Financial Market Infrastructures (FMIs), which include exchanges, central clearing houses and central securities depositories, are focusing on blockchain or distributed ledger technology (DLT) applications that create cost savings and efficiencies primarily, but some are also pursuing new opportunities, according to a World Federation of Exchanges (WFE) report.
FMIs, due to the youth of DLT technology, are not certain how fully the technology will fulfill what it promises. They also recognize risks including maintaining security standards across legal and regulatory uncertainty.
FMIs Favor Collaboration
FMIs currently favor collaborative engagement with regulators as the technology’s applicability to capital markets evolves.
WFE teamed with the International Organization of Securities Committees (IOSCO) and the Affiliate Members Consultative Committee in surveying post-trade infrastructures and exchanges, collectively known as FMIs.
The report is based on responses form 24 FMIs along with an interview with another exchange. The report does not represent the total industry as it is based on input from early movers in the DLT capital markets arena.
The report focused on DLT’s state of play and focus areas, regulatory and legal perspectives, and opportunities, risks and visions of a post-DLT world.
Interest Remains High
The majority of respondents are investigating DLT applicability to their environment or are actively exploring opportunities. Seven of the respondents have allocated budget for DLT initiatives while 13 said they expect to.
Some FMIs are also working with industry groups including the Post-Trade Distributed Ledger Group and The Linux Foundation Hyperledger Project. The first group focuses on grasping common industry standards and regulatory policy relating to the post-trade environment. The second group seeks to create an open source distributed ledger framework and code base to allow users to build industry specific applications to support transactions.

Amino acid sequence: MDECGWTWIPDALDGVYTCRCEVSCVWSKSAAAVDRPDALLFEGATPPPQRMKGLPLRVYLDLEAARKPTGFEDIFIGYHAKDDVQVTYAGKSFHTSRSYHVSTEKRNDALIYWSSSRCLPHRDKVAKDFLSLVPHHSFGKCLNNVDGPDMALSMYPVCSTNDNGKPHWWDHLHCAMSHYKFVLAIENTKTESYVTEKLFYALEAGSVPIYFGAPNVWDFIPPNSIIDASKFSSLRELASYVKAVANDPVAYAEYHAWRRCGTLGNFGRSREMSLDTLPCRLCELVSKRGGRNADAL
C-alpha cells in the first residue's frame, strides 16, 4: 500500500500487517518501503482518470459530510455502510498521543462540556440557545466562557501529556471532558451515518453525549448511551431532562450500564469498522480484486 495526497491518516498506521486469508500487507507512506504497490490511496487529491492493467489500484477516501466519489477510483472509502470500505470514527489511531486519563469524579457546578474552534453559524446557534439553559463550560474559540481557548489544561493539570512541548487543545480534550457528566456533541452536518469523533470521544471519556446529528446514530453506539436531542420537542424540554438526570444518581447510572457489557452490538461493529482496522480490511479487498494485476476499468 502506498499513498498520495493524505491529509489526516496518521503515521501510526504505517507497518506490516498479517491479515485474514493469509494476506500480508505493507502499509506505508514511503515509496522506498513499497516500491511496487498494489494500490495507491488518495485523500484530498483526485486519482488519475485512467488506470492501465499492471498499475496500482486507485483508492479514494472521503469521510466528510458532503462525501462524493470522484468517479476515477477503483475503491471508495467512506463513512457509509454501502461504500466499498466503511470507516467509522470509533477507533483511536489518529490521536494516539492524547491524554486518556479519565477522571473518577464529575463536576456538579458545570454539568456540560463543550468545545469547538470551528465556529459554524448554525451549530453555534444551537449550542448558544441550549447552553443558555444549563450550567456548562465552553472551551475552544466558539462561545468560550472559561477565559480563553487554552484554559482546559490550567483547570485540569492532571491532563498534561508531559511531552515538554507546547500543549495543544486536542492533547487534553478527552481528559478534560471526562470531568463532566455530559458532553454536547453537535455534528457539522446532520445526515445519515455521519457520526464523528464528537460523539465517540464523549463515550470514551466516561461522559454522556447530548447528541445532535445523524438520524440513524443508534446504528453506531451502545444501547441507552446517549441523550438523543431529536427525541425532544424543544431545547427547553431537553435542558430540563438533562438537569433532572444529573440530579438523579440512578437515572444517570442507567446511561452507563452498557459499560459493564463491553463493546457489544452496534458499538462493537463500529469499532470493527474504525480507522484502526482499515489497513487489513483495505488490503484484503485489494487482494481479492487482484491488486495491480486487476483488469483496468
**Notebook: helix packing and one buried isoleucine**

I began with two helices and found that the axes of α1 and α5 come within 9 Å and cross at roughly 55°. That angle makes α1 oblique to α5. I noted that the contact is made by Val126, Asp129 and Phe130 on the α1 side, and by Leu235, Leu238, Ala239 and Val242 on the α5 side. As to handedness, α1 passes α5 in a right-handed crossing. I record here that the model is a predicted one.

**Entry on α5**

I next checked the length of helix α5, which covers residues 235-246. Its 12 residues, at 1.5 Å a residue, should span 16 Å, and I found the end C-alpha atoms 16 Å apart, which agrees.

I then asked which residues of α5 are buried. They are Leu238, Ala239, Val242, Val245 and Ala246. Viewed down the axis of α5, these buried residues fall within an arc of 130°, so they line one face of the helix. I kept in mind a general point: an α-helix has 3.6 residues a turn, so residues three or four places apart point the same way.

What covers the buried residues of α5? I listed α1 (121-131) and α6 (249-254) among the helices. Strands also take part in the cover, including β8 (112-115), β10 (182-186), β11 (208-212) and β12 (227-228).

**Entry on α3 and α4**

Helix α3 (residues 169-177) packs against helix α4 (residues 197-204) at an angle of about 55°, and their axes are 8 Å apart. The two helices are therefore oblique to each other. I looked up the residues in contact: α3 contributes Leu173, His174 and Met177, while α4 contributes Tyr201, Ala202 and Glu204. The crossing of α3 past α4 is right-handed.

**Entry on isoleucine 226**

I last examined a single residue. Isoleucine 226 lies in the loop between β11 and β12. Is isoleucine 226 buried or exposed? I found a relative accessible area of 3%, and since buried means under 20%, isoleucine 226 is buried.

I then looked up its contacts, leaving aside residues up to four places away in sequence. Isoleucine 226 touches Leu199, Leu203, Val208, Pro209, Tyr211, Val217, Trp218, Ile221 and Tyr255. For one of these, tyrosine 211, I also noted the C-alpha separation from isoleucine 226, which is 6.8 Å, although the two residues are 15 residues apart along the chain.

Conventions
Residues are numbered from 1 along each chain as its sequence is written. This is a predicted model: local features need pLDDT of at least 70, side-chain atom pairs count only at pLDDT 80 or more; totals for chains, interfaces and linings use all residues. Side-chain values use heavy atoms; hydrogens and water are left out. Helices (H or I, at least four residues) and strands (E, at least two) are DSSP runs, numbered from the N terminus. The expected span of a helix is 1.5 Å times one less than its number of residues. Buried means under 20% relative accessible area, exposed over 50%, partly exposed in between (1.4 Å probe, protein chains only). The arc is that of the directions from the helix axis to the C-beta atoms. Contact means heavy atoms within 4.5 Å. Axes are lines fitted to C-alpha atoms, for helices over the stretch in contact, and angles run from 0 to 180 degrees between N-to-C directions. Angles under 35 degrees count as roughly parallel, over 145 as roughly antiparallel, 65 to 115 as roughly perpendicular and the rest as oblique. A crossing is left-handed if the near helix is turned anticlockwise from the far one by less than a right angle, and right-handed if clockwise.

FMIs are examining the following use cases: clearing and settlement, trade matching and confirmation, corporate actions like dividend payments and voting rights, securities issuance, crowd funding, proxy voting, trade registration, regulatory transparency and reporting.
In the more bespoke area, respondents also seek the following DLT provisions: national anti-money laundering and know your client registries, trade finance facilities, asset registration facility, databases on agricultural receivables, and digital assets.
Further Progress Expected
Respondents highlighted efficiency enhancement, risk reduction and cost savings as main reasons for exploring DLT. The technology is seen as allowing for further process automation, reducing the need for authentication and manual reconciliation. It also reduces the time needed to finalize transactions and allows greater system resilience and data integrity.
Regarding settlement and clearing collateral management, respondents see these features bringing better capital efficiency and reducing capital requirements for market participants.
Some believe DLT investments can unlock revenue opportunities by giving access to new service offerings. Others think the efficiencies will impact organizational structure.
Expected Rollout Time Varies